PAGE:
Another week in payments ends, and per usual, there’s no shortage of things to discuss as vaccines go out, the road to recovery begins to widen and major players look to position and pivot to prepare for what’s next. It all adds up to a particularly challenging set of circumstances when no one knows exactly what “next” is going to look like, noted Emmalyn Shaw, managing partner at FinTech specialist Flourish Ventures, when she met up with Karen Webster for the latest edition of The Week in Payments.
That’s not to say that Shaw doesn’t have a sense of “next.” She said that consumers have had a year to reorient their habits around digital. At this point, those habits are ingrained so deeply that they are unlikely to reverse themselves anytime soon, if ever.
“Today, 70 percent of people or higher are now actually living paycheck to paycheck. [Consumers] care about price,” Shaw said. “They care about stretching dollars. Merchants need to think about how they can think about providing those opportunities alongside convenience, alongside value. Those values aren’t going to change for a large percentage of the population.”
Meeting the rising tide of consumers’ altered habits and preferences is a challenge, and will be going forward. Still, as various innovative players deal with the issues across verticals like retail, food and financial services, meeting consumers in the digital-first economy has become a lucrative opportunity. Case in point: super apps.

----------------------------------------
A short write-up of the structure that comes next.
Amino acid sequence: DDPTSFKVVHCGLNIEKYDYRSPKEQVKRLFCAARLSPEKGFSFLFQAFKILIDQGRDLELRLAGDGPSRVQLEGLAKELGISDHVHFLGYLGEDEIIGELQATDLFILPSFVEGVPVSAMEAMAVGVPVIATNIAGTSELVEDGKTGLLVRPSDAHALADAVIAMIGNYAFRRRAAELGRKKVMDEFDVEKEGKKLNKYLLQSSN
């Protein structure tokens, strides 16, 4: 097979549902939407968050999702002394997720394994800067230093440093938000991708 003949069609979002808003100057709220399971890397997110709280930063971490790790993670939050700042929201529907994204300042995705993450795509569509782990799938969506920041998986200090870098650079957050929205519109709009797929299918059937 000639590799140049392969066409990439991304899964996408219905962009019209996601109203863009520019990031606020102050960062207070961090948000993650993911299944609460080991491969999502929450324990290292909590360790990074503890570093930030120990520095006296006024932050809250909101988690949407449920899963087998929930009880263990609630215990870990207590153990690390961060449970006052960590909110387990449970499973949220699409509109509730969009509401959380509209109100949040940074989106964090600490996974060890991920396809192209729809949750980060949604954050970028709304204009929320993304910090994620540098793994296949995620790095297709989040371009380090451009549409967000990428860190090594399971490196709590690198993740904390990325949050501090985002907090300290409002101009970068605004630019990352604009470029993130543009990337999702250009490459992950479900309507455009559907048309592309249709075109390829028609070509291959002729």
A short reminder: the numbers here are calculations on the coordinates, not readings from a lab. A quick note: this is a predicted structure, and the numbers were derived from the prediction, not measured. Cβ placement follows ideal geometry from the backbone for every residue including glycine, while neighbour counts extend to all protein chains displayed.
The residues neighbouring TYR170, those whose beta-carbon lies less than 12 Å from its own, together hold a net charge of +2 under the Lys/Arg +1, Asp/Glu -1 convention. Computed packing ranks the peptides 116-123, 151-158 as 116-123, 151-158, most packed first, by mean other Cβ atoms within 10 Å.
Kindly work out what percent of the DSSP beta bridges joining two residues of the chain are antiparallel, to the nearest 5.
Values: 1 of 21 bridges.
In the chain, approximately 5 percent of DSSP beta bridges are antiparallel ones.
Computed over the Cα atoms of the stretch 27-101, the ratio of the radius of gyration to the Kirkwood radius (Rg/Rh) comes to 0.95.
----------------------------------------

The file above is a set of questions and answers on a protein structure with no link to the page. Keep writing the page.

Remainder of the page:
Walmart Turning Supercenters Into Super App Play
While there is no shortage of players in the field, Google, PayPal, Amazon and Facebook are more bandied about as Big Tech players with obvious super app ambitions. Walmart is in many ways the standout player in the field, Webster said, owing to its incredibly scaled physical presence.
And Walmart, Shaw said, is also an incredibly old player in the field. Arguably, it is the proto-super-app player in the game, first making a move on a banking license in 2005. And though regulatory circumstances pushed it off that particular ambition, she said, Walmart still had a general goal to create a wider financial services offering.
“Walmart is very specific and thoughtful in its approach to figuring out the natural points of synergy they can leverage. It is very focused on the question of ‘how do we really meet customers where they are?’ I can’t imagine a better position platform to build from, particularly given the innovation they’ve already deployed,” Shaw said.
It won’t be easy, as Walmart will have a fair amount of work in recreating its unit economics across its meticulously organized supply chain. That is an area where Shaw expects to see “maniacal focus” in the coming weeks and months as Walmart attempts to reconfigure its infrastructure around an expanding collection of use cases. It’s usually incredibly difficult for a brick-and-mortar player to make this kind of move, she noted, but Walmart has the budget and dedication to make it happen.
“It’s going to be very fun to watch,” Shaw said.
Consumers’ Changing Dining Palates